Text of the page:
A biting wind batters the grey Soviet tower blocks on the southern bank of Riga’s Zunds river. Ilja Krumins, the cofounder of Gamechanger Audio, points to a rusty red garage nestled between them — it used to be the Latvian startup’s headquarters.
“The garage was cooler,” the guitarist-turned-entrepreneur tells Sifted. He misses it.
Stubbing out his cigarette, Krumins, 27, climbs the stairwell of the closest high-rise to the swanky hipster loft the startup now calls home.
This change of venue marks the team’s rapid ascent — and the fact it now counts guitarists for Stevie Wonder, Marilyn Manson and the Rolling Stones as customers.
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What does Gamechanger Audio do?
Gamechanger Audio makes effects pedals for musicians, but not as you know them.
It’s first product, launched in 2017, was the Plus Pedal. This is a piano-pedal-like device that can layer different sounds on top of one another.
The startup’s second product, launched last year, was the Plasma Pedal. This uses high voltage electrical discharge to make a radically new kind of noise distortion.
In 2018 — Gamechanger Audio’s first full year of sales — the company turned over €1.25m ($1.41m), shipping more than 7,000 effects pedals to customers around the world.
It has fans in bands ranging from Royal Blood to Roxy Music.
Krumins, who previously spent years playing guitar at gigs on the Latvian gig circuit, says he realised music tech was ripe for disruption while studying guitar effects tools at the Institute of Contemporary Music Performance in London. “Like models of Nike sneakers, new ones kept coming out, but they basically all did the same thing,” he explains.
A guerilla approach to starting up
In 2015 Krumins cofounded Gamechanger Audio alongside fellow twenty-something-year-old musicians Kristaps Kalva, Mārtiņš Meļķis and Didzis Dubovskis (two of whom just happened to have day jobs as engineers). It took a little over a year for the team to build its first note-holding ‘piano pedal’ for electric guitars, with most work squeezed in at the Krumins family kitchen table between the hours of 6pm and 1am.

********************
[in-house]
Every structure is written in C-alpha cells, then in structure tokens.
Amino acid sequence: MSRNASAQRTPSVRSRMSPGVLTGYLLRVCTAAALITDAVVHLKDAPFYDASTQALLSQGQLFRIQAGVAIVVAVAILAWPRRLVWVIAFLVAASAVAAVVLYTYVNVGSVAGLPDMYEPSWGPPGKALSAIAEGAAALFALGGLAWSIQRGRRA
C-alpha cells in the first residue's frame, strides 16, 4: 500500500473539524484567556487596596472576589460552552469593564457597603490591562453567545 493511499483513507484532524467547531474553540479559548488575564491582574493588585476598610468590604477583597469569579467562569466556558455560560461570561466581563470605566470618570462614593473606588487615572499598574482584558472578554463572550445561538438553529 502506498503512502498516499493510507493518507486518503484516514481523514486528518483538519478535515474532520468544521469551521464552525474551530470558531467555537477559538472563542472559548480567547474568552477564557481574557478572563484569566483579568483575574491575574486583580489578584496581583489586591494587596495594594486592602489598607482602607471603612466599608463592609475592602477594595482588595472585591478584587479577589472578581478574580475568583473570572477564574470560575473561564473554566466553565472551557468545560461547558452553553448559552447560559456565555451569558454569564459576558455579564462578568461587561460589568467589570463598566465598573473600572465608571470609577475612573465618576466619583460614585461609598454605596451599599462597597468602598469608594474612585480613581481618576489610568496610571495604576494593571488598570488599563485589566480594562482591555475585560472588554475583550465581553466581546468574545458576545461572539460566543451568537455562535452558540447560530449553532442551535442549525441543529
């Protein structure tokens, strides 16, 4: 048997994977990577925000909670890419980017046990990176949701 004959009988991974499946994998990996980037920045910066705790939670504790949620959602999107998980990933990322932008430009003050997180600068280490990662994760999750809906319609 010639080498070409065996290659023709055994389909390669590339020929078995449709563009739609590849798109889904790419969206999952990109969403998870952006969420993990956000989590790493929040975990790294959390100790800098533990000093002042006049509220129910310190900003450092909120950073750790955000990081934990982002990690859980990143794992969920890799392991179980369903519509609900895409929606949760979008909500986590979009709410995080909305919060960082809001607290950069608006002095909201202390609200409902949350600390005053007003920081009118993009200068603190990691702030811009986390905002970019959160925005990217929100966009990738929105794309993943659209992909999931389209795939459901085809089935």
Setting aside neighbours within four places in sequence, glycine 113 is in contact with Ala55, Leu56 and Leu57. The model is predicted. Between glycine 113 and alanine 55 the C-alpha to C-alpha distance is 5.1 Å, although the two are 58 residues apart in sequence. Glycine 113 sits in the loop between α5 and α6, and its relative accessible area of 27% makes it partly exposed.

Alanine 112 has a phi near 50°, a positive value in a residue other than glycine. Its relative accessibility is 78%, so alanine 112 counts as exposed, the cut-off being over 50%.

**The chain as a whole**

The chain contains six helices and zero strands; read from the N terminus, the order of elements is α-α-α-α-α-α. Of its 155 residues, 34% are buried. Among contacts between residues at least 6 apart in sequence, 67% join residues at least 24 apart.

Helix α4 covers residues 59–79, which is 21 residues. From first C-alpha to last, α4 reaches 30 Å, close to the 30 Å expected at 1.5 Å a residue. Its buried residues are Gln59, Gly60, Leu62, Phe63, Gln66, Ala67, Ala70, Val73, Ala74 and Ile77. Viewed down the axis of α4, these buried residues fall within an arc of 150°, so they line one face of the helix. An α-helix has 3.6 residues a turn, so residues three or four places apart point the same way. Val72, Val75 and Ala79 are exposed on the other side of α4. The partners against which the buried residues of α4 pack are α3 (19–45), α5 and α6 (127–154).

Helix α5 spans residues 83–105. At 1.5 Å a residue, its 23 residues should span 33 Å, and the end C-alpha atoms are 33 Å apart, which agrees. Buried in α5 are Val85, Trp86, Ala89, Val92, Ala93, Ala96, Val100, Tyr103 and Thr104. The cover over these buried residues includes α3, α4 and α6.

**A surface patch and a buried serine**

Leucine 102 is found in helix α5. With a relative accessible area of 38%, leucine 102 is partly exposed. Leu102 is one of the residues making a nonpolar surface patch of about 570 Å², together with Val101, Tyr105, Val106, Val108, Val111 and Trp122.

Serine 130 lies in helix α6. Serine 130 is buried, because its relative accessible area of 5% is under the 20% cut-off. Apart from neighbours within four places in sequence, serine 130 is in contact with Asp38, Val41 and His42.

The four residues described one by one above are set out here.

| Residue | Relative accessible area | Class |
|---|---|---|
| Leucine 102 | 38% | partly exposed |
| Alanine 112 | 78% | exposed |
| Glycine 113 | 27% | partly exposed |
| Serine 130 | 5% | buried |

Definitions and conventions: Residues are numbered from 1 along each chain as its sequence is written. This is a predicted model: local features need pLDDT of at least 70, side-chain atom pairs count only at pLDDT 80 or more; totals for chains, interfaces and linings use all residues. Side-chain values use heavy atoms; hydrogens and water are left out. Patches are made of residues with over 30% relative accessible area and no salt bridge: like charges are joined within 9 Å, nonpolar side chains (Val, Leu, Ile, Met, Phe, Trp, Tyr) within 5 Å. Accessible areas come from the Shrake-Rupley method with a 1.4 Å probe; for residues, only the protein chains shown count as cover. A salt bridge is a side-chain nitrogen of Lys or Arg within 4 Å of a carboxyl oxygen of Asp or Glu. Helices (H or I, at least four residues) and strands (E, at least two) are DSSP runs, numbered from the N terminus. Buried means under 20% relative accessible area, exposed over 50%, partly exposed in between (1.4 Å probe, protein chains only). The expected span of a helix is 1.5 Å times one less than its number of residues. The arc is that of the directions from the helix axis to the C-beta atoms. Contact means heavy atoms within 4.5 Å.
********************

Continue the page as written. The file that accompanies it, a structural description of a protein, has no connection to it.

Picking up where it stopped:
“They thought we were a Latvian scam or something because we came so suddenly out of nowhere.”
Krumins adopted a “guerilla” approach to startup life, something he says it easy to do in Riga: he used the promise of whiskey to convince a local steel door shop to bend sheet metal for his first prototype and called on a local artist to cast the device’s first foot pedal (after trying and failing to Google how to cast aluminium himself).
Investors, however, weren’t so supportive. “There was dead silence,” says Krumins remembering the frosty reception to one pitch. They couldn’t understand the Plus Pedal’s uniqueness, and one even mistook the team’s miniature plastic model for the final product.
In 2017 the team crowdfunded the Plus Pedal on their own website instead. Gamechanger Audio raised $80,000 in pre-orders on the first day (and €200,000 in total), with musical legends like Jon Carin (of Pink Floyd fame) cashing in from the off.
“PayPal blocked it all,” laughs Krumins. “They thought we were a Latvian scam or something because we came so suddenly out of nowhere.”
Success, with a side of chaos
Faced with overnight success, the team quit their jobs and moved from the Krumin family kitchen into the rented red shed.
All energy was focused on infrastructure: the payment systems, the website, shipping and tracking. It took eight months for the tiny team to secure a manufacturer in Ventspils and the first orders (placed in January) weren’t sent out until August. The business only had stock ‘to spare’ a full year later in December 2017.
During these delays, the team had to learn how to manage hundreds of upset customers. The big takeaway is to keep people informed, Krumins says: “People only get angry when there is silence.”
Gamechanger Audio went on to launch its second crowdfunding round in 2018 on Indiegogo, raising €300,000 to pay for the launch of the Plasma Pedal. Currently used by Jack White (of The White Stripes) and heavy metal bands like Rammstein and Tool, this sends a bright blue high voltage lightning bolt across its display when it is used and turns grown men turn into kids, says Krumins.
Now the startup is working on a pipeline of new products (including a synthesizer which generates sound from spinning electromotors). Krumins believes the business can continue to push boundaries that big names like Yamaha or Fender won’t. “The super established companies innovate all the time but in smaller increments, they have too strong a foundation to go this far out of the box,” he says.
Investors need to open up to arts tech
Today Game Changer Audio — the startup dozens of investors turned down — has revenues of €100,000 a month and has shifted away from online sales to be stocked by 65 retailers, including the world-renowned Chicago Music Exchange.
Investors need to be more aware of arts tech businesses says Dagnija Lejiņa, cofounder and CEO of Latvia’s Digital Freedom Festival (a tech event which actively embraces the arts as well as traditional entrepreneurs).
“There are still very few investors who understand the specifics of the music and arts industry, which puts additional pressure on startups,” Lejina told Sifted at another Latvian startup festival called TechChill.
If investors don’t sharpen up, they will miss opportunities, especially in an age where experience is everything, Lejina adds: “In the post-material society, people want to spend more and more time and money on entertainment and enhanced lifestyle experiences … From this perspective, the future of music and arts tech is secured.”
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